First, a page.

The tower is located outside the forest town of Kerava, Finland.  Water towers are usually seen as purely utilitarian objects, unwelcome but necessary monumental additions to the landscape.  This is an attempt to change an existing object to one that is less obtrusive.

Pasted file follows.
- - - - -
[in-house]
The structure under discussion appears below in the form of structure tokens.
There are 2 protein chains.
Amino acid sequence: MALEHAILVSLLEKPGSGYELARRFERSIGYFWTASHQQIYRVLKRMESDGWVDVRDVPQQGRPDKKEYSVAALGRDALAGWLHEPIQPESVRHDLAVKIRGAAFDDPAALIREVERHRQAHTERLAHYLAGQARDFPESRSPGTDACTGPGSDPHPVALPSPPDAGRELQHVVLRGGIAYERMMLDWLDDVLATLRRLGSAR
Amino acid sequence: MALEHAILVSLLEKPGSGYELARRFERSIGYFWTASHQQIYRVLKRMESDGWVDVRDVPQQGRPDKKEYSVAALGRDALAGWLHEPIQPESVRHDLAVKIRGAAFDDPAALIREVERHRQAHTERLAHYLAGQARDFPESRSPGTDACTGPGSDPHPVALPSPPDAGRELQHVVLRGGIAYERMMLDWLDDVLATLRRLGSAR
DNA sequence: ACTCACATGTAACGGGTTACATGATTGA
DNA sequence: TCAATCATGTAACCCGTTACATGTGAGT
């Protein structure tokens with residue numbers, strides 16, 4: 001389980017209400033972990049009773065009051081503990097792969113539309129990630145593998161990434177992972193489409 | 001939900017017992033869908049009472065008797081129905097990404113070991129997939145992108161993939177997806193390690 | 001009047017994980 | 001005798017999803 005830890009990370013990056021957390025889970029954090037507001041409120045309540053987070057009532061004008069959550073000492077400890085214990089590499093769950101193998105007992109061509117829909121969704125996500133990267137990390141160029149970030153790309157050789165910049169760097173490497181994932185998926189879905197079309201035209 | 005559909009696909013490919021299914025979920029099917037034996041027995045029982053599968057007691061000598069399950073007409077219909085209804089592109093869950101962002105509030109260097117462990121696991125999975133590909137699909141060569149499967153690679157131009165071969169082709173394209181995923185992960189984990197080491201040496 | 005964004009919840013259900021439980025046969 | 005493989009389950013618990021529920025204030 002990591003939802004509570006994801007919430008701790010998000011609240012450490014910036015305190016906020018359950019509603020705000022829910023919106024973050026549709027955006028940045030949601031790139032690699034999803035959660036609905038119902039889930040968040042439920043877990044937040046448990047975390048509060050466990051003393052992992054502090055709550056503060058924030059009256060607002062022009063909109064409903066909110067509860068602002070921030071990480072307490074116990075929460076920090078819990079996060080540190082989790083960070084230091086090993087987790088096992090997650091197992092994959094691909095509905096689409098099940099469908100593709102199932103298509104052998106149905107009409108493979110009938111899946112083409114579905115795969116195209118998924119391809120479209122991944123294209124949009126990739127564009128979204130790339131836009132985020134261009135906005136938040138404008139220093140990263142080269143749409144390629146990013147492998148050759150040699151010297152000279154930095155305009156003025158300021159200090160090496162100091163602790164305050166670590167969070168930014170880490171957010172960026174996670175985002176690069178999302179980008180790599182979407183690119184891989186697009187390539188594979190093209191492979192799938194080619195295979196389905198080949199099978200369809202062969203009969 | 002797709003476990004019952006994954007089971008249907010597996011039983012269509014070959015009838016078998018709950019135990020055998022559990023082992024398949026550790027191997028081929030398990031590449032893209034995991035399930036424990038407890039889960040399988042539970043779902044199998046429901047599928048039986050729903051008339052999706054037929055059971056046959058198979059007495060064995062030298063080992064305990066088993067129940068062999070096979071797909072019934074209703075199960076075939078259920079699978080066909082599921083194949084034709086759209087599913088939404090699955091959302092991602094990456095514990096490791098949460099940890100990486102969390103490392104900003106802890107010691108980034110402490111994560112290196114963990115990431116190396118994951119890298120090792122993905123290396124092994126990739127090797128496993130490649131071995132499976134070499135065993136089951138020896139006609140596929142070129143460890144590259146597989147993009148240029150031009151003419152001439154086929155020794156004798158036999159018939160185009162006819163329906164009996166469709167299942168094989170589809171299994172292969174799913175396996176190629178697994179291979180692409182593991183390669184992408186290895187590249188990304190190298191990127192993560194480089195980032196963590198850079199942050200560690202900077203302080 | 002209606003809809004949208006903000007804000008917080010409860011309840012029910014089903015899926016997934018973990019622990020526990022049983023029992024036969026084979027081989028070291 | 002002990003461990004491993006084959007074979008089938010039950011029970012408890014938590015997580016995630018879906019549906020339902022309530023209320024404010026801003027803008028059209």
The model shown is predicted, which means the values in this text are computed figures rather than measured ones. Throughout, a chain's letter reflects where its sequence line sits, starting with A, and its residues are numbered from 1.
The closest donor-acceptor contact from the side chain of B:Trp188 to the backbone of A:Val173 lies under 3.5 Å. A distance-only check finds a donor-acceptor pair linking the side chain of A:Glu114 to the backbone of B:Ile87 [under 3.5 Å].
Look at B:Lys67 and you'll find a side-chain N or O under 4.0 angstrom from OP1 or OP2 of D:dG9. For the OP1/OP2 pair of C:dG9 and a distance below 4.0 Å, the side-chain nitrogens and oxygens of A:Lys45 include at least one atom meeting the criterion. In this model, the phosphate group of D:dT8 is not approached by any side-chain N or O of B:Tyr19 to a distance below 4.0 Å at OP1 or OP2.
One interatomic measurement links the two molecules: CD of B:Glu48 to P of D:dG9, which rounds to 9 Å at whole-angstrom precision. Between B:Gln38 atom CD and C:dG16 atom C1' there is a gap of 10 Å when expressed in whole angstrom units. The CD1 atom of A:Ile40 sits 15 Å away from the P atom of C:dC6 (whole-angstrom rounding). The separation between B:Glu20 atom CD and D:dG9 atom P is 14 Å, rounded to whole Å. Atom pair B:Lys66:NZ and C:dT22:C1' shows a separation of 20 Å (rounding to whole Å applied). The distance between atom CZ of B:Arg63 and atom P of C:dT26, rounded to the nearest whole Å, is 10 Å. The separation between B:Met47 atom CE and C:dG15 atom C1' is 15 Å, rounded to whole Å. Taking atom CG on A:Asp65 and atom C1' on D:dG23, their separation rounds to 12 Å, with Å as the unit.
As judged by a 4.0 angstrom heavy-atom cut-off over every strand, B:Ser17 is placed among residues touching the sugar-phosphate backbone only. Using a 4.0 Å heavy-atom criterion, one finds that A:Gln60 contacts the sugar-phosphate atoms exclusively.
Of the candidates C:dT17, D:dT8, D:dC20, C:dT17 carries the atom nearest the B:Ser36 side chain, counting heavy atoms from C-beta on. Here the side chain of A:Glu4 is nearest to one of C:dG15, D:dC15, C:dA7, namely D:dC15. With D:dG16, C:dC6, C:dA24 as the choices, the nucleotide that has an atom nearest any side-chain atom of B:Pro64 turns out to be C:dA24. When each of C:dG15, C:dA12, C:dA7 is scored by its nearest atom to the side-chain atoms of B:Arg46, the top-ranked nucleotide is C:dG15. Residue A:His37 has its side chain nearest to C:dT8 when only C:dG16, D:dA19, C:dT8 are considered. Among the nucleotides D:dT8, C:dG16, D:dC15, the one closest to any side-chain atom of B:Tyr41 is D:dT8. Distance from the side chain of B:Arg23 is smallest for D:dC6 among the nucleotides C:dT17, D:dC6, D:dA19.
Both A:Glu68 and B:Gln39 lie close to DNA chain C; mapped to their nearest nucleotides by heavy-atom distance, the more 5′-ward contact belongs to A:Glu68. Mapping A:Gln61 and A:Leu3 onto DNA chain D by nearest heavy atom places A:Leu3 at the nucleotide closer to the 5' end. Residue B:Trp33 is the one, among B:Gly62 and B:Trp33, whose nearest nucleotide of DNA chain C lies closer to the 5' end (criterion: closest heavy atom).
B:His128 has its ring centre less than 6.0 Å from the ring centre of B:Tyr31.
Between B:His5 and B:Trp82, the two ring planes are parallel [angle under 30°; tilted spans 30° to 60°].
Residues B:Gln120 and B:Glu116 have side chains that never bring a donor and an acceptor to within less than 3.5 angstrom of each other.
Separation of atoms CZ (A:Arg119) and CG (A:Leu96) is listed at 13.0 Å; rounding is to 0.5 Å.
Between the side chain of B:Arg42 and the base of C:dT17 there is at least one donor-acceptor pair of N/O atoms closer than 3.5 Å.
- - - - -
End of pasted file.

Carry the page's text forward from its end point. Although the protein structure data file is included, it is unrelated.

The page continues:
The location of the existing tower, at the convergence of several highways, is an opportunity to place a spiral form that rotates when seen from a moving car, and whose rate of rotation changes with the changing speed and trajectory of the car.  The tower in fact is a static spiral that appears kinetic.  Moreover, the upside down spiral evokes, or expresses, the downward movement of water.  The tower changes from solid to transparent along its edges as it revolves.  Behind the striated, spiraling shadows of its wooden louvers sits the actual concrete water tank and heavy structure.  The organicity of wood connects the tower to the living forest.  Not to be discounted is the role such an elemental form plays in our subconscious memory and mythic imagination.  The presence of a liquid sentinel on the edge of a forest would be far more meaningful and interesting than a merely utilitarian water tank.